Academic journal article
By Monthy, Jeremy T.
Texas International Law Journal , Vol. 33, No. 1
Those who use the past to criticize the present should be put to death, together with their relatives. 1
As the People's Republic of China (PRC) emerges from the era of the late Deng Xiaoping, a familiar shower of questions still riddles the issue of human rights. In this time of potential upheaval, law and policy analysts are anxiously watching the next generation of Chinese leaders deal with issues that effect the largest population in the world and thousands of Chinese political and religious dissidents under surveillance within that population.2 A renewed approach to the U.N. Commission on Human Rights in Geneva, increased interaction with the White House, and a revamped criminal law hold the promise of Chinese human rights reform.3 However, despite their importance, these policies will inevitably be studied incorrectly. Chinese laws with implications for human rights conditions are not truly modernizing, and the current field of scholars and analysts critiquing these laws is not currently equipped to say otherwise. This note will not only be the first to inform academics how to react to and interpret some provisions of the new Chinese criminal law, but it will also advise them one way to properly address international human rights in general.
Perhaps the greatest modern tension between the PRC and most countries comprising the rest of the international community, especially the United States, is China's apparent reluctance to entertain the notion of human rights or civil liberties in its domestic affairs. The United States has pursued the "human rights issue" in discussions of economic and political relations with China for years,4 and international organizations like Amnesty International have similarly decried China's policies as violations of the U.N. Declaration of Human Rights.5 These voices have been the loudest in a global conventional wisdom that China cannot compare with the "modern" democracies. Other than a few sinologists and comparative law academics, however, no one is comparing China to China. While China's stance on human rights may appear static or monolithic over the past two centuries to an external eye, we must look further to changes in the interpretation and implementation of human rights in order to verify such a conclusion, especially in light of the dynamism of political and social institutions in that same period. This paper will attempt to tackle the broader issue of China's human rights modernization or lack thereof by focusing on internal changes in one area recognized by human rights activists: the death penalty.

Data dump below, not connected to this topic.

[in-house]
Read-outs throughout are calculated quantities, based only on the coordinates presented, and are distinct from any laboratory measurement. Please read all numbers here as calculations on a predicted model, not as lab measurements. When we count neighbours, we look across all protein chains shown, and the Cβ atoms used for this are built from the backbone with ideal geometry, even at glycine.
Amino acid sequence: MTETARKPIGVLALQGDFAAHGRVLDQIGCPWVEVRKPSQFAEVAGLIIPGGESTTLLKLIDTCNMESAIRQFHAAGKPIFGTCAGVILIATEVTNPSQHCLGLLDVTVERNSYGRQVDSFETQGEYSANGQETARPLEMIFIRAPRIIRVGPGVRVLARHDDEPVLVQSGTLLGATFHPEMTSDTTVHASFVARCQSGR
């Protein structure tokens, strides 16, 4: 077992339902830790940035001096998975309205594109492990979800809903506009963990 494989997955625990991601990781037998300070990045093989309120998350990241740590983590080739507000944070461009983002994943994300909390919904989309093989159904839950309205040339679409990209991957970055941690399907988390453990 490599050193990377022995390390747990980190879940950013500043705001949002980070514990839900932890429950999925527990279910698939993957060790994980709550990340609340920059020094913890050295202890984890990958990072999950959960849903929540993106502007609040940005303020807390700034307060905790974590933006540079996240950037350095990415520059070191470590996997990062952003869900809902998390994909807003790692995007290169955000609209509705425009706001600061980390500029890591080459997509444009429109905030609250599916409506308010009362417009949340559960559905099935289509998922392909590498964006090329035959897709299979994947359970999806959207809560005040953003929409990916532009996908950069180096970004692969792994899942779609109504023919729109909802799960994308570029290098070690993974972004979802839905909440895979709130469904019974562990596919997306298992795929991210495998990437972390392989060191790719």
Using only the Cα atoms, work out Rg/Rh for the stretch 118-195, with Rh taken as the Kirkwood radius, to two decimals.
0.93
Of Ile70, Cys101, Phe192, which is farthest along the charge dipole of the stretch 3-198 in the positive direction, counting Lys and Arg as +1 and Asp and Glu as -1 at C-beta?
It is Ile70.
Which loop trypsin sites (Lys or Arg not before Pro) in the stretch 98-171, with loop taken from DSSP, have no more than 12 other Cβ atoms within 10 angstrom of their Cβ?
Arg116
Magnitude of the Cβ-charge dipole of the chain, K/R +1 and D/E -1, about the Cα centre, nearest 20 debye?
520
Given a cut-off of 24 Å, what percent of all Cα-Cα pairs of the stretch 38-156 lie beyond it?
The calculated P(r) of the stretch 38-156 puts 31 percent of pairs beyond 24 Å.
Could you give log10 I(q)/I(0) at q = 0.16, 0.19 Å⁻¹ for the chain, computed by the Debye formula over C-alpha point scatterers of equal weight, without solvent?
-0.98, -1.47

From the late imperial period of the Qing dynasty (1644-1911) to March 1997 when the new Criminal Law' was enacted, the imposition of the death penalty has not been modernized in theory or in practice in China. 8 This conclusion is based solely on the internal changes in Chinese criminal law and procedure, that is, it is reached after comparing China yesterday with China today. By "today," I specifically refer to China's newly adopted Criminal Law. Using indicia discussed below, I conclude that the PRC's new capital punishment scheme is as or more Confucian, or moralistic, as the system in place at the close of the dynastic era. In more concrete terms, China's social or Confucian reliance on executions as public and moral forms of justice is as strong now as it has been throughout China's "5,000 years of history," and the arbitrariness and politicization of the judicial process leading up to the execution is even stronger than it was at the turn of the century. While they are an earnest start, it is doubtful that even the new Criminal Law provisions can cure these ills.
This paper reaches this two-tiered conclusion by answering several questions. First, what is being said about the death penalty in the international arena? Second, what theoretical tool should be used to remove the biases of "external" interpretations present in this discussion? …